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Deepwater Horizon spill left an oil ring the size of Rhode Island at the bottom of the sea, study says

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There's an oil ring the size of Rhode Island at the bottom of the Gulf of Mexico and researchers say it belongs to oil company BP. According to a study published yesterday in Proceedings of the National Academy of Sciences, about 10 million gallons of coagulated oil now coats the sea floor, following the Deepwater Horizon oil spill that resulted in 172 million gallons of oil being spilled into the Gulf in 2010. The rest of the oil, however, is still largely unaccounted for.

10 million gallons of coagulated oil coats the sea floor

"Based on the evidence, our findings suggest that these deposits are from Macondo oil that was first suspended in the deep ocean, then settled to the sea floor without ever reaching the ocean surface," David Valentine, one of the study's authors and a biogeochemist at the University of California, Santa Barbara, told the National Science Foundation.

In the study, Valentine and his colleagues gathered 3,000 samples of water from 534 locations in the Gulf of Mexico. This helped them locate the half inch-thick oil ring, and determine that the oil levels inside the ring are as much as 10,000 times higher than those found outside the ring, reports the Associated Press.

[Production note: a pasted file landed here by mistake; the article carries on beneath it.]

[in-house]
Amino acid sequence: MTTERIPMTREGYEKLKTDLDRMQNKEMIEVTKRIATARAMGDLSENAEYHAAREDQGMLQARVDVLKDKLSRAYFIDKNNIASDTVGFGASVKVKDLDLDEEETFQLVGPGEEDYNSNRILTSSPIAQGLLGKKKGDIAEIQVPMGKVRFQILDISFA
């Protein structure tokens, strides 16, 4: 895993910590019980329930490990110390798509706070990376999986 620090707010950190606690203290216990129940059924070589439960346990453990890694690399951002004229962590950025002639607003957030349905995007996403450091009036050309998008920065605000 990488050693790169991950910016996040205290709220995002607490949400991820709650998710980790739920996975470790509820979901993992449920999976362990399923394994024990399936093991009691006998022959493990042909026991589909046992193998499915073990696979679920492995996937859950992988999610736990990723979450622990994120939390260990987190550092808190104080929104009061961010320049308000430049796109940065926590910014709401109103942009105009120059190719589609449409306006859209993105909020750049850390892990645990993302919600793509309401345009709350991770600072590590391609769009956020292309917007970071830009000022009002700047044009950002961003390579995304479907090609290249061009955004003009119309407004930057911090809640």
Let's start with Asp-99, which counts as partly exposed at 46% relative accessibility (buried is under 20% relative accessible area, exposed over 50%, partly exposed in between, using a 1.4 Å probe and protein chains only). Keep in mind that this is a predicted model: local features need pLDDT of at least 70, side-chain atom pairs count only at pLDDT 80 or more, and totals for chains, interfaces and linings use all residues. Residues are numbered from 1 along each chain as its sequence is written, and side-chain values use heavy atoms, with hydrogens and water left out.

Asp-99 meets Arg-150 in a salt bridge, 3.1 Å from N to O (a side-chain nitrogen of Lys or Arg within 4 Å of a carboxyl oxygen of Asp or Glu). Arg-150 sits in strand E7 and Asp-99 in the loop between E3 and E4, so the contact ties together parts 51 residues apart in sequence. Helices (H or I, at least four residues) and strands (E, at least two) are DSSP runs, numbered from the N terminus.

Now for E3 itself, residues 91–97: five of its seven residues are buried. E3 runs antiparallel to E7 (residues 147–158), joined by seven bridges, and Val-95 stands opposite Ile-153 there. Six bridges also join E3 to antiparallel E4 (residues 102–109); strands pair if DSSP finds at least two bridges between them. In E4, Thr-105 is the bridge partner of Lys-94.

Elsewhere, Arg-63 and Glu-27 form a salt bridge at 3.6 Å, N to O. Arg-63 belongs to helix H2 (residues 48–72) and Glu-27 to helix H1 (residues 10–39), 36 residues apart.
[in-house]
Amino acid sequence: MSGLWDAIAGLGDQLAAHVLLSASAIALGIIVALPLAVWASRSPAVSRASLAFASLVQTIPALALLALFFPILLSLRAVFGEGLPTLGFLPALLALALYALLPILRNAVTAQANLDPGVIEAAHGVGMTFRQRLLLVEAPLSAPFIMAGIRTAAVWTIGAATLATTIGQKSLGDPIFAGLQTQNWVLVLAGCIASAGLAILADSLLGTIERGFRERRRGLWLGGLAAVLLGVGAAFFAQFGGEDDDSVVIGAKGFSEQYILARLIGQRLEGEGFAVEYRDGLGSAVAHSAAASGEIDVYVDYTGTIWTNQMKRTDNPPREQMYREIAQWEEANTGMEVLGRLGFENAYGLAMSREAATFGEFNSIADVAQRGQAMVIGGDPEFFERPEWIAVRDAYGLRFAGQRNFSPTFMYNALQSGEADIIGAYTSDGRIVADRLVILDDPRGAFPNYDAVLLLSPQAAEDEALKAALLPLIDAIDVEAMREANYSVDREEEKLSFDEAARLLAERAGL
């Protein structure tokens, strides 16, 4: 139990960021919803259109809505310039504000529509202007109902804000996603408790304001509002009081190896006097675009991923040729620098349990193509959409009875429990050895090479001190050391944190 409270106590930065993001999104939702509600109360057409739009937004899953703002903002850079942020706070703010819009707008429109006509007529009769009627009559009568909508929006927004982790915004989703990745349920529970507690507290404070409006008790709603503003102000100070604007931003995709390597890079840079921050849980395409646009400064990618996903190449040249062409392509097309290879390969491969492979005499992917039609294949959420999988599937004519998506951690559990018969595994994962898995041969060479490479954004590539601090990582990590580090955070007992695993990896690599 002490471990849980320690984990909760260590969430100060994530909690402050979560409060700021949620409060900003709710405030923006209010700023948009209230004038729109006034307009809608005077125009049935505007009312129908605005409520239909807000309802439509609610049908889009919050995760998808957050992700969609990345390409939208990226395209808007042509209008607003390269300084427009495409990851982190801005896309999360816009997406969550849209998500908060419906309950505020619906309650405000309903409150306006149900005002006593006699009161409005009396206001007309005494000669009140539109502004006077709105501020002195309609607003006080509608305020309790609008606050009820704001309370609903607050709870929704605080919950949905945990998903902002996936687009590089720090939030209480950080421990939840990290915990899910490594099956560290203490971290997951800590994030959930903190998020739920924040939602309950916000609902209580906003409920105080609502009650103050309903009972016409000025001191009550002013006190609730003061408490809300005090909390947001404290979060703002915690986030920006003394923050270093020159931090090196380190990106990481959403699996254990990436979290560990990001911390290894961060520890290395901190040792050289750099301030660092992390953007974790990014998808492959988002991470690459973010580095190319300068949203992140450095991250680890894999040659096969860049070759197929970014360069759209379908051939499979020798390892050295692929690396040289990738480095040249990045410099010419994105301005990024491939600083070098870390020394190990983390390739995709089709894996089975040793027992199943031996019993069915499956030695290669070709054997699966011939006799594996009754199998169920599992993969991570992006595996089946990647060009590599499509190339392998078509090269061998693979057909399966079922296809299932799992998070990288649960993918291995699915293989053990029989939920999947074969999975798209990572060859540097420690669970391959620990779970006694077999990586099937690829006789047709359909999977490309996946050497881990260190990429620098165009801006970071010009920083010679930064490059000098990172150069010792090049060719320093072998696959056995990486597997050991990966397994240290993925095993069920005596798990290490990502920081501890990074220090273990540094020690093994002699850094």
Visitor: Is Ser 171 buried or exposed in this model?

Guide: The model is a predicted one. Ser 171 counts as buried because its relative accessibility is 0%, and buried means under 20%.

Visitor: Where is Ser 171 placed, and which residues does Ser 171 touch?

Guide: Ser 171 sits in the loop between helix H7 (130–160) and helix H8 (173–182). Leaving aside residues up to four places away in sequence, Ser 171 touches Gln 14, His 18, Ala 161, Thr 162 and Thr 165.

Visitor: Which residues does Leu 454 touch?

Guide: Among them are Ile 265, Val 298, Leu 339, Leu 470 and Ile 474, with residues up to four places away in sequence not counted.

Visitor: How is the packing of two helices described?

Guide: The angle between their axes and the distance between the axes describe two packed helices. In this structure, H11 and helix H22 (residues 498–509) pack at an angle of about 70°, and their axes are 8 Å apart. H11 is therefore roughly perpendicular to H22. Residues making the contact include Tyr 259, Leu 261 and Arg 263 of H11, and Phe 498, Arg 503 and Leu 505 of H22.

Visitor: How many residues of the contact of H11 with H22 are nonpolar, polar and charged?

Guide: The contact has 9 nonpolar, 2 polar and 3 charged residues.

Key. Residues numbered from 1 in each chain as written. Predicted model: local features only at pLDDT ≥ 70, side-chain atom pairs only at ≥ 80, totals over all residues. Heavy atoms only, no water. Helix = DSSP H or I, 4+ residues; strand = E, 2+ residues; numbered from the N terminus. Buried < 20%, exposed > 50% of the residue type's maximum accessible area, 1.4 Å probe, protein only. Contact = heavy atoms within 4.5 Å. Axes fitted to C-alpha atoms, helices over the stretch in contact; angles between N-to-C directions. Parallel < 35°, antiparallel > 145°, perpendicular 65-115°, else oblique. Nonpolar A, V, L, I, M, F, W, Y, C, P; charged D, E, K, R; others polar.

BP doesn't agree with the findings, however. The company told the Associated Press that the researchers were unable to determine the source of the oil — an aspect of the study that lead "them to grossly overstate the amount of residual Macondo oil on the sea floor and the geographic area in which it is found."

In response, Valentine explained that determining the oil ring's source with a chemical analysis is impossible, but that the characteristics of the ring, including its depth and its distance from the well, is enough to link it directly to BP. Unfortunately, the study wasn't designed to look at the environmental impact of the oil ring, so it's still unclear just how much damage it may have caused so far, or how much it continues to cause today.